Is it OKAY for an adult ESL Learner to practice their English by reading CHILDREN’S BOOKS?

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There are many schools of thought on this one. I want to lay down the pros and cons then give you my opinion on it. And may I say it is only my opinion.

Pros Cons
Children’s books use easy language. Children’s books are not targeting ESL language and often use complicated grammar that only native speakers use.
Children’s books often have an easy to follow story. Children’s stories may not hold the attention of the adults because they are ‘children’s’ stories.
Children’s books are cheap to buy. Children’s books may be cheap but are read quickly and then thrown away, so could be a waste of money.
Children’s books often have pictures to help the reader understand the meaning. Pictures can be useful for ESL students, but again, the story is for children and the pictures also may not be of interest to the adult reader (saying that I do think some of the pictures in children’s books are amazing!)
Children’s books are short in length, so easy to finish. Again if the books are short, the adult may find them not challenging enough for them, so finish them quickly, and not look at them again.

 

So a few times over the years I have had an adult student come to me after class with a children’s book in their bag proudly saying “Teacher look, I have bought a book! Is it an okay book to help me with my English?’

I have to say, usually by the time they have finished their sentence they have a look of apology and embarrassment on their face and all I can put it down to is, they are so keen to get better at their English, but they just can’t find any reading material to suit them, so have ended up going to the ‘baby section of the bookshop’ and succumbed to the baby books….

Sad but true.

So do I think it is okay?

I can’t say I recommend it to my students, more because of what their reaction to me would be, but I would say if anyone has bought a book, why not…read it secretly at home and you never know, any kind of reading is better than no reading.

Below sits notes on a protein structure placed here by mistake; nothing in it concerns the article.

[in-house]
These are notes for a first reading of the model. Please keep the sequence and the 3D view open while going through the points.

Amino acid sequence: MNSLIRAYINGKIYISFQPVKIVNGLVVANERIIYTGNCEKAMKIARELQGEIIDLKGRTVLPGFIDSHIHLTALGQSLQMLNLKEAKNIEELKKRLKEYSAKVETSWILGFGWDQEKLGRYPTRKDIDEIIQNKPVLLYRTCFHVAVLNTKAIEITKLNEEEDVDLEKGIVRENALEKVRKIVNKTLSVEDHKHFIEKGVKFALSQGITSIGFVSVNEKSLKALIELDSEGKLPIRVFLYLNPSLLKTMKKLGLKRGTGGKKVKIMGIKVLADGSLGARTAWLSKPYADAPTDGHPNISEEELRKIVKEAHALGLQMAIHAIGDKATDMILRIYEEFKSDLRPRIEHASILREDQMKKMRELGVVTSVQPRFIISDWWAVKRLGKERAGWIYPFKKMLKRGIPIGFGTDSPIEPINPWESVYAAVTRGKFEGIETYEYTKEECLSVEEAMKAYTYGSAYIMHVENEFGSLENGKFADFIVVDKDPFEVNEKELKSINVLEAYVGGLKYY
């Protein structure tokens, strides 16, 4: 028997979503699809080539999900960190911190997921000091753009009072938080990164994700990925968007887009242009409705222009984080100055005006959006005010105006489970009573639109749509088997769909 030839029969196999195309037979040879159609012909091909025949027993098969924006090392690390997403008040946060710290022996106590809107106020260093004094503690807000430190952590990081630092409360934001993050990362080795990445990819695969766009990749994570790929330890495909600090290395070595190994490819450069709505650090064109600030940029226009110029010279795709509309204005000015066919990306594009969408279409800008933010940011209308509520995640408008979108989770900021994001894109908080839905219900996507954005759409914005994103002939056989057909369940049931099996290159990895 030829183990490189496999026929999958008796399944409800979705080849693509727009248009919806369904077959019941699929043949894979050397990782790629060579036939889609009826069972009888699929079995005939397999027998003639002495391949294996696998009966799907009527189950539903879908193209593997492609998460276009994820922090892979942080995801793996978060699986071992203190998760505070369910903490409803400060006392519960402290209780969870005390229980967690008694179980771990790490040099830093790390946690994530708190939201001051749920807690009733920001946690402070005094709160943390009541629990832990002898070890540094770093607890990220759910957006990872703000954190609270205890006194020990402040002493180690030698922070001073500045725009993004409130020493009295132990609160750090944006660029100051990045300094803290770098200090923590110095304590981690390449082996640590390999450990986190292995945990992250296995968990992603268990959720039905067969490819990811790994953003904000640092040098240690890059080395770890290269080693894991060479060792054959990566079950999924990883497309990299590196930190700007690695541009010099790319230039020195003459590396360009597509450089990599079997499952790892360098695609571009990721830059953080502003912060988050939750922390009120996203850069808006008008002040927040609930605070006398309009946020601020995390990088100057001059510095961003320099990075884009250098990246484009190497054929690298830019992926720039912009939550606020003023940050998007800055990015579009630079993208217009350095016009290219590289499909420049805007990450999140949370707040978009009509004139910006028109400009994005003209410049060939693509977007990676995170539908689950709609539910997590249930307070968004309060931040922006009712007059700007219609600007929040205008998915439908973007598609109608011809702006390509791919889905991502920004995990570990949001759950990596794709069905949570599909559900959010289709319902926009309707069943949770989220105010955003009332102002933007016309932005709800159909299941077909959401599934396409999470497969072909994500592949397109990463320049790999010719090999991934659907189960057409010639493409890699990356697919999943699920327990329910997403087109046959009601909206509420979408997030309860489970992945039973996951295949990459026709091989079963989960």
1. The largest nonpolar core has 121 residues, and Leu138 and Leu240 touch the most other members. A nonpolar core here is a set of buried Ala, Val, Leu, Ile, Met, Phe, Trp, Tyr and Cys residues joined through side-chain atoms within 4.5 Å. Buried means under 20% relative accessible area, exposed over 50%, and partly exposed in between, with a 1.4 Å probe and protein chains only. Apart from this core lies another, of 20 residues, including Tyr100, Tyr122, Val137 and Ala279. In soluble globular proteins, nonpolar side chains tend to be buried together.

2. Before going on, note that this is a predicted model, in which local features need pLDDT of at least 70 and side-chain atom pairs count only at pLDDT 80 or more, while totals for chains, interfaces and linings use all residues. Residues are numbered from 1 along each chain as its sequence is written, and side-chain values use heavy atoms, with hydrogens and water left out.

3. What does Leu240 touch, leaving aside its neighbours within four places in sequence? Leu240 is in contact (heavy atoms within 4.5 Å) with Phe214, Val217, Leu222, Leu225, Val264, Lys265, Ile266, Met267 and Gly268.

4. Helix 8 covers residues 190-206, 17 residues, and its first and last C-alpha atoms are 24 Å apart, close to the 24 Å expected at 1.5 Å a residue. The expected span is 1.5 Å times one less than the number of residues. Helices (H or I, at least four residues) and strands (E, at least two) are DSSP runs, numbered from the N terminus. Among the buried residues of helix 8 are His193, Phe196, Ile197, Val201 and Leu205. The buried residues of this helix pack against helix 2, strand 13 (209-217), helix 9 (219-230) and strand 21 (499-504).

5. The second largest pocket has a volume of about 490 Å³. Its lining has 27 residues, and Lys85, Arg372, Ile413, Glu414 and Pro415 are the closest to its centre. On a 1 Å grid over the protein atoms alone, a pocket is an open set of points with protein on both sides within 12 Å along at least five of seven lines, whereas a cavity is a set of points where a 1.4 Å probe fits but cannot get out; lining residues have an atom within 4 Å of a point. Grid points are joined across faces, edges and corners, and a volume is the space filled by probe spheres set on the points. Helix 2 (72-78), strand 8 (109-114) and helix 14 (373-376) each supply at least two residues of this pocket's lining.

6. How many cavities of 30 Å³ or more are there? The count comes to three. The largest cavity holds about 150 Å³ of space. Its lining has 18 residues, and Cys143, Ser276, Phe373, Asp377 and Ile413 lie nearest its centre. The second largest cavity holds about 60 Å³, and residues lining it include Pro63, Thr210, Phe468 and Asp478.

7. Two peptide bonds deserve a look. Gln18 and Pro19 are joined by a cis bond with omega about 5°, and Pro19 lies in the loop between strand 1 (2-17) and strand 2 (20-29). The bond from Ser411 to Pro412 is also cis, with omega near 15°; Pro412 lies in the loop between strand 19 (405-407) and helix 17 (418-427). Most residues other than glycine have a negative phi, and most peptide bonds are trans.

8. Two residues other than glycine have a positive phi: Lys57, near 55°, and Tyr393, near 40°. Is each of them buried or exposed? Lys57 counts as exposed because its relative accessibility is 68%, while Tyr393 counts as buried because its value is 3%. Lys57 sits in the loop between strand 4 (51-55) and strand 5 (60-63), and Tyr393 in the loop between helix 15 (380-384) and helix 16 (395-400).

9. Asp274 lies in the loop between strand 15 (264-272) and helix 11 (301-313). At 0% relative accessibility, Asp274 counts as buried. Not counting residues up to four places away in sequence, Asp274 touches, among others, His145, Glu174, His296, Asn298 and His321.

In fact if you really want to get reading, there are ranges of books written specifically for ESL  readers, and if you are a discerning teacher you will notice the difference in how the text in the ESL book differs from the children’s book text.

What do you think?

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12 thoughts on “Is it OKAY for an adult ESL Learner to practice their English by reading CHILDREN’S BOOKS?

  1. I agree completely! As a learner I enjoy reading second language children’s books for all the reasons you have listed in the pro column. As a teacher I would NEVER use children’s books to teach adults English for all the reasons you have listed in the con column.

  2. I found some bilingual English/Somali children’s books. I found them helpful. If I only had them, though, I would get pretty bored.

    I noticed that children’s books can use some pretty obscure vocabulary. When I taught my kids Russian, we would read kids’ books. I had been speaking Russian for 10 years, and the vocabulary of sparrows and wheelbarrows were new to me. Also, there were so many diminutives in the kids’ books.

    • Yes it’s true, there is more to a children’s book that ‘easy words’ than we think. People think children’s books are easy to write, but they are carefully targeting a certain kind of mind.

  3. Speaking as a language learner, I often use translated copies Tintin and Asterix to start reading in a foreign language. I think coming across unusual vocabulary is one of the perks of reading this kind of fiction, in that it makes you think you are learning ‘real’ German, Spanish, etc.

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